To do it, companies can use their corporate intranets and knowledge bases. Those who stick to Microsoft technologies can go for SharePoint knowledge management and use the platform as an intranet and knowledge center at the same time. As a result, even those who don’t like live communication have a chance to find an expert answer when they need it.
Nurture soft skills through social activities.
Oftentimes, people who are reserved in business communication can be enthusiastic while discussing their topics of interest, whether it’s software development or personal hobbies.
Keeping this in mind, companies can support communities of interest on their corporate portals, thus stimulating programmers to communicate more, get connected, and know each other better. Later on, social engagement can transform into more open and fruitful business collaboration.
Level 2: Team Initiatives
At the next level, initiatives spread within a particular team. The biggest responsibility for the success of these initiatives is on team managers’ shoulders. To make their teams develop soft skills, team managers can try out the following techniques
Balance hyperactive and passive behaviors.
It’s impossible to make passive developers active in the blink of an eye. What team managers can do is make those who are more energetic respect their more passive colleagues and vice versa.
It’s worth organizing online team-building events to let people voice their communication preferences and choose the most optimal collaboration style. Team activities such as online games can also help eliminate barriers between teammates and shape the team spirit.
Mentor programmers’ soft skills.
If a developer who has never worked on a team joins a project, this can end up badly. Lone wolves hardly become great team players quickly. As a result, such people can keep away from the team and ignore the team’s policies. In this situation, it’s reasonable for team managers to dedicate their time to individual mentorship, to help a person become part of the team and feel the team vibe.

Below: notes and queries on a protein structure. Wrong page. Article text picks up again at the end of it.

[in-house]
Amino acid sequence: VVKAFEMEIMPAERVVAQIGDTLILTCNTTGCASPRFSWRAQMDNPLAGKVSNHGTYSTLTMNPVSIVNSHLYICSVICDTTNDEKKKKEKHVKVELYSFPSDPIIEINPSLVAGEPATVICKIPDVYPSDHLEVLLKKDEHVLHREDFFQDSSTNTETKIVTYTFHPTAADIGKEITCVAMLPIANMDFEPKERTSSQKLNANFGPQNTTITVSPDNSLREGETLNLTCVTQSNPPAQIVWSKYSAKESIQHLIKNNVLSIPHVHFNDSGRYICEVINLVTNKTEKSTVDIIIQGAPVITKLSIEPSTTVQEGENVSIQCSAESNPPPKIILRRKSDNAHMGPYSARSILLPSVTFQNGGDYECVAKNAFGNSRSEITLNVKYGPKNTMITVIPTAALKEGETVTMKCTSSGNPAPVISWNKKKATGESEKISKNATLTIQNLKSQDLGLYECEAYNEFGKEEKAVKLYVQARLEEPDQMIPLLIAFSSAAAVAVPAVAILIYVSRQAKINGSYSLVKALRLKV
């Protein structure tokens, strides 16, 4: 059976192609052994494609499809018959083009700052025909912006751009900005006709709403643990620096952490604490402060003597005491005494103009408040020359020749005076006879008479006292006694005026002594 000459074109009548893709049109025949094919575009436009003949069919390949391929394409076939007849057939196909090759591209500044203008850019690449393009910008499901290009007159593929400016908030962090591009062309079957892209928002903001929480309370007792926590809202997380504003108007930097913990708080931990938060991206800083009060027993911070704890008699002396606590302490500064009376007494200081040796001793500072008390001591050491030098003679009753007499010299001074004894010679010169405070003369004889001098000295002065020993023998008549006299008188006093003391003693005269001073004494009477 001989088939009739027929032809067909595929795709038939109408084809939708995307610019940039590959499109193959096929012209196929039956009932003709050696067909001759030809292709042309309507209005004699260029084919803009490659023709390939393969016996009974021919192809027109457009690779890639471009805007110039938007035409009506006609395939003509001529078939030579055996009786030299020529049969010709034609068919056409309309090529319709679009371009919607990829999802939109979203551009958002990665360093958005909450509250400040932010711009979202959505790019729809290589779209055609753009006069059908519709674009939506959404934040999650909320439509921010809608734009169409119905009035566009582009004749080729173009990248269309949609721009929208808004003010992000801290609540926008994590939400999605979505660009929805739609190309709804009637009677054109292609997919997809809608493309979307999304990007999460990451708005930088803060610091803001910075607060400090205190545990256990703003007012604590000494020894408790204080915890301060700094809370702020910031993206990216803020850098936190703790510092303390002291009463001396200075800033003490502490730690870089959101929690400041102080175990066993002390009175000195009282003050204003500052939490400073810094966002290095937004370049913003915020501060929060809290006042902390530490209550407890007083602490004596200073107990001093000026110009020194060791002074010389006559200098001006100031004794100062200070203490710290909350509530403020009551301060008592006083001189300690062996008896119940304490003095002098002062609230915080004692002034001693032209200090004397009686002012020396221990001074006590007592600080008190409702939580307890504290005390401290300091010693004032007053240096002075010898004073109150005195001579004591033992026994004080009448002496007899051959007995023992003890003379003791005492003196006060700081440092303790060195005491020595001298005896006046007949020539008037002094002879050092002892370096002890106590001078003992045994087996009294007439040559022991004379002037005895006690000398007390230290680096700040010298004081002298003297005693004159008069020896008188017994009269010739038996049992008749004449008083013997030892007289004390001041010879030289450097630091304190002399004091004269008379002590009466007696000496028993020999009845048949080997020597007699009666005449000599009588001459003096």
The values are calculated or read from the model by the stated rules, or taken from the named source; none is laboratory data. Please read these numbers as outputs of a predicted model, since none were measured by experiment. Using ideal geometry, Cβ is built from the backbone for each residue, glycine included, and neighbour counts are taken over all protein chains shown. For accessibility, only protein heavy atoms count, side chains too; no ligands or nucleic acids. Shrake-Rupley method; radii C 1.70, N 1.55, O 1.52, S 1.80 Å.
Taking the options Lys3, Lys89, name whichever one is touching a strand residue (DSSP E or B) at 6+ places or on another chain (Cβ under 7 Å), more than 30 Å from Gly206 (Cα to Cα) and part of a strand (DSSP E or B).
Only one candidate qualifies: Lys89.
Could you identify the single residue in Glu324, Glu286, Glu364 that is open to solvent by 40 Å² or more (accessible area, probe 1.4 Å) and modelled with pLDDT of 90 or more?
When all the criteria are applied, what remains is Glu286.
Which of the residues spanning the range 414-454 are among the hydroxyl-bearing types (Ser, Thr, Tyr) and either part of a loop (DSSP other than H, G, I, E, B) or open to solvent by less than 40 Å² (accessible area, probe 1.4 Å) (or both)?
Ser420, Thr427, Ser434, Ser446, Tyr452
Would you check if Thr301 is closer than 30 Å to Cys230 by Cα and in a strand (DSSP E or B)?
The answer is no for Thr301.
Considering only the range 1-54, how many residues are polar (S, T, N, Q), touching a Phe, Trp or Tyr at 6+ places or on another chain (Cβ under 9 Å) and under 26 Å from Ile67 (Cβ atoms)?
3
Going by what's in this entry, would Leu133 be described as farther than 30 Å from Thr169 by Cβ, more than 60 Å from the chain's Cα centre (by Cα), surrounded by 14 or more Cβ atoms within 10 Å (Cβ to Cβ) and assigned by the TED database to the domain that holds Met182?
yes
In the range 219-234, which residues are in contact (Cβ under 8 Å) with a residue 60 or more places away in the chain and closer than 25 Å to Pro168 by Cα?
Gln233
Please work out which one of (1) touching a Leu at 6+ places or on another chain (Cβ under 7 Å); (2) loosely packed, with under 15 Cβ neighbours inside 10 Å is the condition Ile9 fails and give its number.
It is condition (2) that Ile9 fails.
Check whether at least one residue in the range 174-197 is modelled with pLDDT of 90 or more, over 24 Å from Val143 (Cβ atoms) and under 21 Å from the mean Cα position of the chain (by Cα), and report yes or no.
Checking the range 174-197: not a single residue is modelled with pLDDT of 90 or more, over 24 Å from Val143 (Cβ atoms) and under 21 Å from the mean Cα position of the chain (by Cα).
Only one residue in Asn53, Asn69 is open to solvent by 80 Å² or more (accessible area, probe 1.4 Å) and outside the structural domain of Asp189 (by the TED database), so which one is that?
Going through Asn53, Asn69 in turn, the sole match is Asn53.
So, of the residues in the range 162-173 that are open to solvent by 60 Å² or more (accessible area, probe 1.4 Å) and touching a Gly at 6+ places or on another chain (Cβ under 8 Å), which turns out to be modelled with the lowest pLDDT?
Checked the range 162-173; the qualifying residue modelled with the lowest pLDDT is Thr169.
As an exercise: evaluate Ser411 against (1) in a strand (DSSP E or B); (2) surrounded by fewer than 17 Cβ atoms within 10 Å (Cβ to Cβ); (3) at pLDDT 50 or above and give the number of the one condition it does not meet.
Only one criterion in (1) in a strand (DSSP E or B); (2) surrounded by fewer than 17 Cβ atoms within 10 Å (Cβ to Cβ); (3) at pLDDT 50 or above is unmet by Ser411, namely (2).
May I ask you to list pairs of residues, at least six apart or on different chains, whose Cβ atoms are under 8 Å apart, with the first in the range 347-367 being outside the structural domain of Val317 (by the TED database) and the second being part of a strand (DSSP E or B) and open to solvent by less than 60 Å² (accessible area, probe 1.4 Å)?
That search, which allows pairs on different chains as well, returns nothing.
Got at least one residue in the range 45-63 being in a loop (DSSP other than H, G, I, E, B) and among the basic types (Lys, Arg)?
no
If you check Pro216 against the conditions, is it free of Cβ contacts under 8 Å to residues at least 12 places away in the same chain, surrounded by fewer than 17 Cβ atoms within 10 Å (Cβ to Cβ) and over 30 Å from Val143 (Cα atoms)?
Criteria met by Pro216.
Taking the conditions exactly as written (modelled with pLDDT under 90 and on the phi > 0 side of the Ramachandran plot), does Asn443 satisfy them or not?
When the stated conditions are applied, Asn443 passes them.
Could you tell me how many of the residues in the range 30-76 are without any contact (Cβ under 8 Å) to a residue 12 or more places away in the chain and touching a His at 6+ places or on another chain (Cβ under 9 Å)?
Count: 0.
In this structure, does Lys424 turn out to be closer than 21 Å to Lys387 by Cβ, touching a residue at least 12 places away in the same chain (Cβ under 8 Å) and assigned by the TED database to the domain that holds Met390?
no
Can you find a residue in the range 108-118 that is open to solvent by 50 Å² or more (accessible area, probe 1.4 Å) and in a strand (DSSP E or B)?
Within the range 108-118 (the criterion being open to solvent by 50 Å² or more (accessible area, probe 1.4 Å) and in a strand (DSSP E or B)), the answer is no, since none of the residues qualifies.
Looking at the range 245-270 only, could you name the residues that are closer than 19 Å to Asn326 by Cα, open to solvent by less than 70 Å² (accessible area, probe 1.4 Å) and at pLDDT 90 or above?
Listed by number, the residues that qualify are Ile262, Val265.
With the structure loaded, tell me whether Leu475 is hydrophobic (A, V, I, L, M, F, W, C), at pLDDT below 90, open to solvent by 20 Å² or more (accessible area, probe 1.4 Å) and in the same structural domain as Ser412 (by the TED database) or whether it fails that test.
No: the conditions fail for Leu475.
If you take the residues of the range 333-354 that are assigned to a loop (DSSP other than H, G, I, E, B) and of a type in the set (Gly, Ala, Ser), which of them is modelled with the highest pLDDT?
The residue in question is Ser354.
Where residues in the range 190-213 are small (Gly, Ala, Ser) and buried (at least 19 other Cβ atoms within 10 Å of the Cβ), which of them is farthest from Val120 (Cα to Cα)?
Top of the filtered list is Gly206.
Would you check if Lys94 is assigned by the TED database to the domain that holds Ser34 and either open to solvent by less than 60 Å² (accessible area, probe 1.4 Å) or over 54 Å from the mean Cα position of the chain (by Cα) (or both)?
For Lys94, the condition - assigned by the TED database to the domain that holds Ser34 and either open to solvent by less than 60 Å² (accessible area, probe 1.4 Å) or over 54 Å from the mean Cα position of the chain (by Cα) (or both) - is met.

If team managers see obvious gaps in their team members’ soft skills, it’s a good idea to discuss the bottlenecks one-on-one.
Define the right team roles.
Sometimes, employees are ineffective because they’re doing work that’s wrong for them.
If code delivery and customer communication are delegated to an unsociable developer, positive results will be unlikely. A manager can assess the team members and choose a more enthusiastic engineer for this task. As for the developers who feel uncomfortable collaborating, they can oftentimes create much better code if left in peace.
Level 3: Personal Enhancement
Last but not least is self-improvement. If programmers don’t take any steps to enhance their soft skills, even the most engaged and experienced team managers and organizations with best-in-class team collaboration tools won’t help. Only developers themselves can choose to improve their soft skills, thus upgrading their personal characteristics and increasing productivity.
If they are willing to improve, here are a few things they can do.
Try a new role.
Let’s invert the example above. Instead of waiting for the manager’s verdict or a formal soft skills assessment, developers can be more proactive and ask to try new roles that involve more active use of soft skills. For example, they can start collaborating with a project manager regularly or participate in customer calls and presentations.
Find a role model.
Soft skills training can be irritating and demotivating for developers if it’s pushy. At the same time, developers can choose their online mentors among technology geeks, innovators, and evangelists who are active in the media. It’s worth watching presentations and public speeches to analyze professionals’ behavior and incorporate their best practices into daily work.
Choose an engaging project.
Sometimes, the project doesn’t leave any chance for developers to improve their soft skills. Those who feel stuck and are looking for new opportunities should do something about it. The software development field is extremely diverse, so there are millions of projects to participate in. Applying for a more engaging project can bring developers into a more dynamic team and open up new opportunities for nurturing personal soft skills.
When Soft Skills Can Outweigh Hard Skills
Many who work in software development got used to thinking that hard skills are more valuable than soft skills.
Indeed, clean and concise code can sometimes compensate for a lack of team collaboration skills.
But during this global isolation, programmers unable to collaborate effectively put themselves at greater risk of falling out of pace with the team and project.
Those who are capable of managing their work time, are resilient to stress, and are open to new challenges can achieve new professional heights that are otherwise unachievable in the office.